Websites – by now it’s a staple of any successful marketing mix. But there are shades of grey between the black and white of a good or bad website. The difference between “a website” and “the website” is more than just cosmetic. A good website offers simple, positive user experiences (UX) and turns visitors into customers. The criteria for good UX changes from day to day. Which is why you should select your website designer and developer carefully.
Web Design Trends
Using the word trends makes the art and science of a website seem flippant or seasonal. It’s not. The ideal website not only incorporates the latest best practices for user experience and SEO, but looks stunning in all display formats. Mobilegeddon hammered home how important it is for your site to be mobile-friendly. But as web interface technology, like smart phones, tablets and desktops, continues to evolve, so do the requirements for a top notch website.
Web Design Experts
How does one determine which vendor or agency is an expert? Below is a quick guide to evaluating potential vendors. There are many different kinds of agencies and they can deploy a slew of web technologies – but researching your needs and having clearly defined goals for your website will help determine which path to take.
23% of the Internet runs on WordPress. Considering the thousands of available platforms, that’s a huge number. What’s your site running on? Don’t know? Then give us a call.
- Meet and Discuss
Take the time to sit with stakeholders and create a plan. This will save your money and your web designers’ time. This plan will be your roadmap to website design success. To get the website your business needs, you need to ask your company and yourself some serious questions about how it’s going to be used. A reputable designer and developer will encourage and expect this sort of exploration and discussion.
- Talk About Process
Ask your developer about their processes. Understand (at least in layman’s terms) what is really happening. Website design involves three or four disciplines, half of which are artistic and the other half highly technical. To take an idea for a website through to a functioning, well-ranked, user-friendly online experience requires designers, writers and developers.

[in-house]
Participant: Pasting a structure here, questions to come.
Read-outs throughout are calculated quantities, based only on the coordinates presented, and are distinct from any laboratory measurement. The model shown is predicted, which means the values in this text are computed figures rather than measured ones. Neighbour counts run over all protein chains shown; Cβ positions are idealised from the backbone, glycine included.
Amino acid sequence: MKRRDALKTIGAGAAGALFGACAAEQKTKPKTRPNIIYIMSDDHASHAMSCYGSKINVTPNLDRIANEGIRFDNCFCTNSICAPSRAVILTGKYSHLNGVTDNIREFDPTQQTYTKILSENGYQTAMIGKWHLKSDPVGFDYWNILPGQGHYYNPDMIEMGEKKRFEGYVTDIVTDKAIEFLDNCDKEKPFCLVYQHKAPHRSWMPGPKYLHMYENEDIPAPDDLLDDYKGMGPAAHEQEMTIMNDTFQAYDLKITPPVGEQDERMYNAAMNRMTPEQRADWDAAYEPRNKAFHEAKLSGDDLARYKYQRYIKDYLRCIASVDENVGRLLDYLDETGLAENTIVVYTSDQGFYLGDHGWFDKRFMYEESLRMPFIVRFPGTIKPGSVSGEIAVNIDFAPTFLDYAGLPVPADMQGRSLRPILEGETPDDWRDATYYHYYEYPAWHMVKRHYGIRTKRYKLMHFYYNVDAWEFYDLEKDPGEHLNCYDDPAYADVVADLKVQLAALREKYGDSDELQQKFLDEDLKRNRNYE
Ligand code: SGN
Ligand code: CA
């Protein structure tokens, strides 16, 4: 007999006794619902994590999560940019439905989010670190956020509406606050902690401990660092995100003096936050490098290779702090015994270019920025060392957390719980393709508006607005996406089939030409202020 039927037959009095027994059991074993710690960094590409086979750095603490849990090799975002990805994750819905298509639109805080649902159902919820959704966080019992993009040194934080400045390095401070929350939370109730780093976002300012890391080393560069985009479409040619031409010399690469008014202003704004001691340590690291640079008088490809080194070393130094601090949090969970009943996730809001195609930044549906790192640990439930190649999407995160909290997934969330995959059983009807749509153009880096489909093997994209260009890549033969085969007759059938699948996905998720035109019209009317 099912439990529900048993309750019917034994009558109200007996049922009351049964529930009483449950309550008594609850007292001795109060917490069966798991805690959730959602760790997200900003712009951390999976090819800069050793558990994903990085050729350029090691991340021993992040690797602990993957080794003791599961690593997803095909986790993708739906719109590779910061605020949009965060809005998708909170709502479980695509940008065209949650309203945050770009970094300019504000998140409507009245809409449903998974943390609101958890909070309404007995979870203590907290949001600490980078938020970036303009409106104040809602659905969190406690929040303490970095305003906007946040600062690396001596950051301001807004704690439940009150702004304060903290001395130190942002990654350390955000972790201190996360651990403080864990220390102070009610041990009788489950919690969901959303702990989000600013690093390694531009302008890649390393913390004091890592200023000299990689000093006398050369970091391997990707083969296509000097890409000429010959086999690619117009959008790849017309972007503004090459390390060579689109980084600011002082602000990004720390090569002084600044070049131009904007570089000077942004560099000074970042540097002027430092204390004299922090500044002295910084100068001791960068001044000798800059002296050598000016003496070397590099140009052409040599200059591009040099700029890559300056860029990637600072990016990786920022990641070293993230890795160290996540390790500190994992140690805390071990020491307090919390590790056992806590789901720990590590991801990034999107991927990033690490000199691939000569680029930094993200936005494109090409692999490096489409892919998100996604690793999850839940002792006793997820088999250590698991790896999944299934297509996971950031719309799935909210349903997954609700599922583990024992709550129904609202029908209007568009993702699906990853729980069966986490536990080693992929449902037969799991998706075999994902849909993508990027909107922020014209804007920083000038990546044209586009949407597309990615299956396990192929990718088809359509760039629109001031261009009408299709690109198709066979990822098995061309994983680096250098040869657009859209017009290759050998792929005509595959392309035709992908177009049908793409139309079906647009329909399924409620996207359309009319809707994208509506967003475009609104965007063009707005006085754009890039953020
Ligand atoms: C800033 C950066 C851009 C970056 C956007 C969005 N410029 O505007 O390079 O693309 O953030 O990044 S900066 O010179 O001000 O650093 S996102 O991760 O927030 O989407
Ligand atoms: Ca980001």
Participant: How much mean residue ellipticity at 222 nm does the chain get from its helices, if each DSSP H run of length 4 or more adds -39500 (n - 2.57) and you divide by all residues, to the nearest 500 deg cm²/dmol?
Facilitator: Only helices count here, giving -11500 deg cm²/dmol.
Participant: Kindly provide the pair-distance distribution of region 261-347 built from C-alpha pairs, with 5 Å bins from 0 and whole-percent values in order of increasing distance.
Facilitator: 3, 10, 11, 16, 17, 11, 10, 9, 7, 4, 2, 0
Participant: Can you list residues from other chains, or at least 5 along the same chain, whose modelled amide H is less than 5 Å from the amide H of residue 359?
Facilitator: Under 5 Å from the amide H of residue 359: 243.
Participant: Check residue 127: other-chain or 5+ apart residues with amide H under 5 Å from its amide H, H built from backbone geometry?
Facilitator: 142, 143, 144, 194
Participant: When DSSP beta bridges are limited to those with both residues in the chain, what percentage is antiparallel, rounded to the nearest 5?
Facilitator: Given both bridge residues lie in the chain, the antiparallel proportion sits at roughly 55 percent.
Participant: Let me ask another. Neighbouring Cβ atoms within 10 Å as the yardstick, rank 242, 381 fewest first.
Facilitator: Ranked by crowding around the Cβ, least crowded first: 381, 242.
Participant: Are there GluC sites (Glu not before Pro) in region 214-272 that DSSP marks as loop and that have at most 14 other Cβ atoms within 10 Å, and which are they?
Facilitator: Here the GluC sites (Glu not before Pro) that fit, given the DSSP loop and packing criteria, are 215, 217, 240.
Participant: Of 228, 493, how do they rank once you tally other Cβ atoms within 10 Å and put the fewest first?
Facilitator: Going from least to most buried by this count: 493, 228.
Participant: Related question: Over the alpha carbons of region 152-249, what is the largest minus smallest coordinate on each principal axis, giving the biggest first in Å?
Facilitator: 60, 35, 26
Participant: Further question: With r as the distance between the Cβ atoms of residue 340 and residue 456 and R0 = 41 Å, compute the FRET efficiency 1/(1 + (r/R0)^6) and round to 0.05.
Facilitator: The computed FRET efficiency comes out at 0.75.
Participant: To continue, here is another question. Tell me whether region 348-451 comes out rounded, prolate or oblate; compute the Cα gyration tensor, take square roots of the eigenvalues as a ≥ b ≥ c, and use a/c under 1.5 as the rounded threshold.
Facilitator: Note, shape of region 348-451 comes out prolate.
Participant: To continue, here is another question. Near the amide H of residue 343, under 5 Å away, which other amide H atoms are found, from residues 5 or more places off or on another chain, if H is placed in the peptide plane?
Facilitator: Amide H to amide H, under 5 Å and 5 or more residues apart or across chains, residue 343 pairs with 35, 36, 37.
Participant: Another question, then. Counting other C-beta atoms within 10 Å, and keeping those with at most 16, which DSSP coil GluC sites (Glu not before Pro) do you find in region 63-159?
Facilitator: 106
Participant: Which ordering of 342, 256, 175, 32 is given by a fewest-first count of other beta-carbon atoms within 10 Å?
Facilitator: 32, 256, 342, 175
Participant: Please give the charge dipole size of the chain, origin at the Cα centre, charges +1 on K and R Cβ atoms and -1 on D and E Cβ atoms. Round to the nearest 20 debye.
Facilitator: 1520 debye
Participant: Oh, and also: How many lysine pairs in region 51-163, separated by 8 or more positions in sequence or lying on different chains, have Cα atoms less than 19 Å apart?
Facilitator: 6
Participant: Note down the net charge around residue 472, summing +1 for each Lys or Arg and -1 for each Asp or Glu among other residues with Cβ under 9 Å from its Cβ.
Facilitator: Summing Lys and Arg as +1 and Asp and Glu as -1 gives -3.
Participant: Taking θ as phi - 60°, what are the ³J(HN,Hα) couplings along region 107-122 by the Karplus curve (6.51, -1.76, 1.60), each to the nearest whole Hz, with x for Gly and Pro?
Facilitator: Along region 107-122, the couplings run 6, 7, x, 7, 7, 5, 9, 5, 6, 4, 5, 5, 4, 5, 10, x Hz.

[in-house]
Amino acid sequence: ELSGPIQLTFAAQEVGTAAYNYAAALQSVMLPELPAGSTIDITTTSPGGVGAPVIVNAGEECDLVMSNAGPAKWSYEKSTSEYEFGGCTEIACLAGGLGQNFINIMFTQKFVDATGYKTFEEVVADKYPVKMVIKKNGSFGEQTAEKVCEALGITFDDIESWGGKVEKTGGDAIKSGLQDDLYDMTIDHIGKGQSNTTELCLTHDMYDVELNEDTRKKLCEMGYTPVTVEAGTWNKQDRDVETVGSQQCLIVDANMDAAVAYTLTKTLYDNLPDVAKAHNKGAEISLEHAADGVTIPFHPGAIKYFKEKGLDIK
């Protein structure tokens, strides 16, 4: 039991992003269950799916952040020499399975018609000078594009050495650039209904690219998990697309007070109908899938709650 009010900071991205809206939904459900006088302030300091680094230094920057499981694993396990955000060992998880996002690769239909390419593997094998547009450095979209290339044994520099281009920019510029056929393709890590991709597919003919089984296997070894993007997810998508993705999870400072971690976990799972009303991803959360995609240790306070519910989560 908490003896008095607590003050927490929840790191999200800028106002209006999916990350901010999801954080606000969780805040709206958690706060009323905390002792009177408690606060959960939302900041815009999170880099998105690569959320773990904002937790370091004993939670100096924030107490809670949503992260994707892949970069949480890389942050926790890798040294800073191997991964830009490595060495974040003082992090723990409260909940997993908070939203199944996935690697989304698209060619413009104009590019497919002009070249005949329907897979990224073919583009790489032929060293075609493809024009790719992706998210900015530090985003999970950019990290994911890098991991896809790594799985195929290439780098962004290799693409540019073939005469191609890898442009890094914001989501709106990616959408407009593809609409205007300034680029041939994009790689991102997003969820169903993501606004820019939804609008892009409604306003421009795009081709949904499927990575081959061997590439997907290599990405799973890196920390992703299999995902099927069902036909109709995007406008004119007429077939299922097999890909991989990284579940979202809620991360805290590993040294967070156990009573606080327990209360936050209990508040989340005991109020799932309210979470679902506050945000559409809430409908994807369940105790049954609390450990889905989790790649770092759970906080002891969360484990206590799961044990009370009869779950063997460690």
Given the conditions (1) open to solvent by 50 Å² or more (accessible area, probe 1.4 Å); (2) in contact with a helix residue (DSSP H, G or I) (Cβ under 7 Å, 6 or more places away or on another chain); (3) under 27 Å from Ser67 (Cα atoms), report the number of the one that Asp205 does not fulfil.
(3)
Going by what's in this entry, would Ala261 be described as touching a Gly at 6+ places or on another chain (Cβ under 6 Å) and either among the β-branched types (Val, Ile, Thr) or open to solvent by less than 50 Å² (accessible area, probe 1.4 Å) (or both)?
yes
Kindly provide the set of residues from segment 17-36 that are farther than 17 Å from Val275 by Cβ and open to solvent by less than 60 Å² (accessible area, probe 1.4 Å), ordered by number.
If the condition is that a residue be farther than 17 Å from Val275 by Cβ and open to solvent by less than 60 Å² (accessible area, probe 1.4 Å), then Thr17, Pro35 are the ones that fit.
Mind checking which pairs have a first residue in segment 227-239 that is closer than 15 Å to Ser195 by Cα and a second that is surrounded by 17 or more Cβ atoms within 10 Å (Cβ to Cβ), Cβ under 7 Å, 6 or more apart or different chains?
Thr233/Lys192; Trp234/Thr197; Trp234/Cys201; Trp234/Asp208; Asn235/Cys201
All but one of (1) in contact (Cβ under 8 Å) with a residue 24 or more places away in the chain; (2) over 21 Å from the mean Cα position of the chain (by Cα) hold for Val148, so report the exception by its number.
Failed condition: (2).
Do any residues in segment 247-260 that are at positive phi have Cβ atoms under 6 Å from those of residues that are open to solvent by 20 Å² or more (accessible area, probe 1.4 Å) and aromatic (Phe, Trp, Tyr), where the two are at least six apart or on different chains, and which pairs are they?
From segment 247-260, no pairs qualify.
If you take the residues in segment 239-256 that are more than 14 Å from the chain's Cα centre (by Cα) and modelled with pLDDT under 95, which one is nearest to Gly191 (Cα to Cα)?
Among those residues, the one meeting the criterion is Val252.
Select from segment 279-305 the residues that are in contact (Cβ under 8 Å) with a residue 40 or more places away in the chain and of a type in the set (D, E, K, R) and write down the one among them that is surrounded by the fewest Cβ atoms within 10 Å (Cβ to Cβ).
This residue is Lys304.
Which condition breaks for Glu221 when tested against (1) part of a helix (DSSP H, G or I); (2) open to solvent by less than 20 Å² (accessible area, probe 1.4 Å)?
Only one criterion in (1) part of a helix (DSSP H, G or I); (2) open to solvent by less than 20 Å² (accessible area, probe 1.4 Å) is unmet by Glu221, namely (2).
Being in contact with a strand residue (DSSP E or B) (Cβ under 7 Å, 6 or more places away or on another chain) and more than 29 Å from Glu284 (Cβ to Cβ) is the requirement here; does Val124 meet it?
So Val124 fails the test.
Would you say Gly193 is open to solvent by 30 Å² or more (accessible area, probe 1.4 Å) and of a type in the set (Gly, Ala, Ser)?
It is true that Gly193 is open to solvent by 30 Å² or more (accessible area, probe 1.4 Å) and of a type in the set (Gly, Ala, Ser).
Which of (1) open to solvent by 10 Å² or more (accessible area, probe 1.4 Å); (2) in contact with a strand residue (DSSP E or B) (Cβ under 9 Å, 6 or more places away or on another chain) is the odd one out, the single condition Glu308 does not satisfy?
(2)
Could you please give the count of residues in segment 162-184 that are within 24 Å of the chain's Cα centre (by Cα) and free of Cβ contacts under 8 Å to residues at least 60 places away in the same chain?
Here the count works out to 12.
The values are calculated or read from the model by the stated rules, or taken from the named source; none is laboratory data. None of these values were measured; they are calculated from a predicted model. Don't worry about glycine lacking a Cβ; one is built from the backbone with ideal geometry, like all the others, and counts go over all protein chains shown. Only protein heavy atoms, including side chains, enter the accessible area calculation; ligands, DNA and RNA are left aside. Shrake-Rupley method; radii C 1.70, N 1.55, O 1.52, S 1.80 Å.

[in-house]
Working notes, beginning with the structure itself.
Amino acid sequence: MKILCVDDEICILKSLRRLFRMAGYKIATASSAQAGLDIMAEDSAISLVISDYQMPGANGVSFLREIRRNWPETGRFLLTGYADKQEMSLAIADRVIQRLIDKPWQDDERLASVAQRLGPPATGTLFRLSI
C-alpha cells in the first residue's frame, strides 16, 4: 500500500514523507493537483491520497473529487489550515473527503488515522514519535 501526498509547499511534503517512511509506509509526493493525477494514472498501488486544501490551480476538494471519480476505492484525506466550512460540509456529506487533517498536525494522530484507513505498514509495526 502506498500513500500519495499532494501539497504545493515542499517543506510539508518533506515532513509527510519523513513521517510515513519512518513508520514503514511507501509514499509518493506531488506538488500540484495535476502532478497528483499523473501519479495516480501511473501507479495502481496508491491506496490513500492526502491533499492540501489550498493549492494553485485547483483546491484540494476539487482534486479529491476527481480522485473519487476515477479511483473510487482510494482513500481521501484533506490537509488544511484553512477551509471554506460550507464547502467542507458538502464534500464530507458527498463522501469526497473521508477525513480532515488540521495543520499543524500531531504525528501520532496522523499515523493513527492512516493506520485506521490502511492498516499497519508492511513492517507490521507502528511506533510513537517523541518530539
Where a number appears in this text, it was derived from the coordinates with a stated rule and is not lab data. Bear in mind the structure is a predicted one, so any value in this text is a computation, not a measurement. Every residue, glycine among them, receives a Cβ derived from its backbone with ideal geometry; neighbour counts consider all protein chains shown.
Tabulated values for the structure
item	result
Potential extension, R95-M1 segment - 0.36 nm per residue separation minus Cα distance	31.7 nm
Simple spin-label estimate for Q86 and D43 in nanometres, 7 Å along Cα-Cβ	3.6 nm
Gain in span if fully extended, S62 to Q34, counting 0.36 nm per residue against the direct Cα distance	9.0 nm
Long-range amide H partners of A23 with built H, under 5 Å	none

- Ask About Revisions
Be sure to determine how you will be making changes to the appearance and functionality of the website. When a site is being built, sometimes they don’t behave or appear as expected – this can be because of a miscommunication or a side effect of the viewing technology or a dozen other reasons. Be sure you determine how you will communicate website design changes to your developer.
- Ask About CMS Software
CMS stands for Content Management System. This is a method by which you will modify your new website. There are literally hundreds of different CMS packages – but typically a developer will support one or two different systems. The CMS is important because it’s going to affect your long-term maintenance cost. The CMS is designed so that those of us who are less technical can modify and update websites. WordPress is an example of a CMS.
When your website is created, you’ll need to know who is going to host it, where and what technologies they support as well. This goes hand in hand with the CMS question – who fixes it, when, and how.
- Ask About Scalability
Make sure if your website is likely to grow, that your web developer is aware of and has planned for that. With a modern CMS, growth is easy. But planning for it will make new services and product offerings all the easier to implement.
- Ask about HTTPS
What? You’re probably familiar with HTTP (hyper-text transfer protocol). It’s what computers use to send and display web pages. So what’s the S? The S stands for secure. It’s a little addition that indicates your connection is securely encrypted. It’s protection from bad guys and it’s becoming more and more important. Rumor has it that Google is going to be factoring this into search engine rankings, if they haven’t already…
- Ask about Mobility
The contemporary best practices for web design all suggest that your site design should start from the mobile scale – that is design for the screen size of a hand held device, then scale up to tablet size, then finally a full website. This will reduce the time and effort needed to get your site “mobile ready.” If your web developer isn’t concerned about mobile or hand held units and the traffic they provide, they’re still working from 2003 standards. Think about that.
Website Design vs. Software
It’s important to think of your website as software – because it is. Do you still use a version of Word or Windows or Mac OSX from 2005? Of course not. Your website should be frequently updated to reflect the ongoing changes in web design best practices and the evolving standards of user experience.
The synergy of art and technology required to create a website that will exceed expectations is truly something amazing.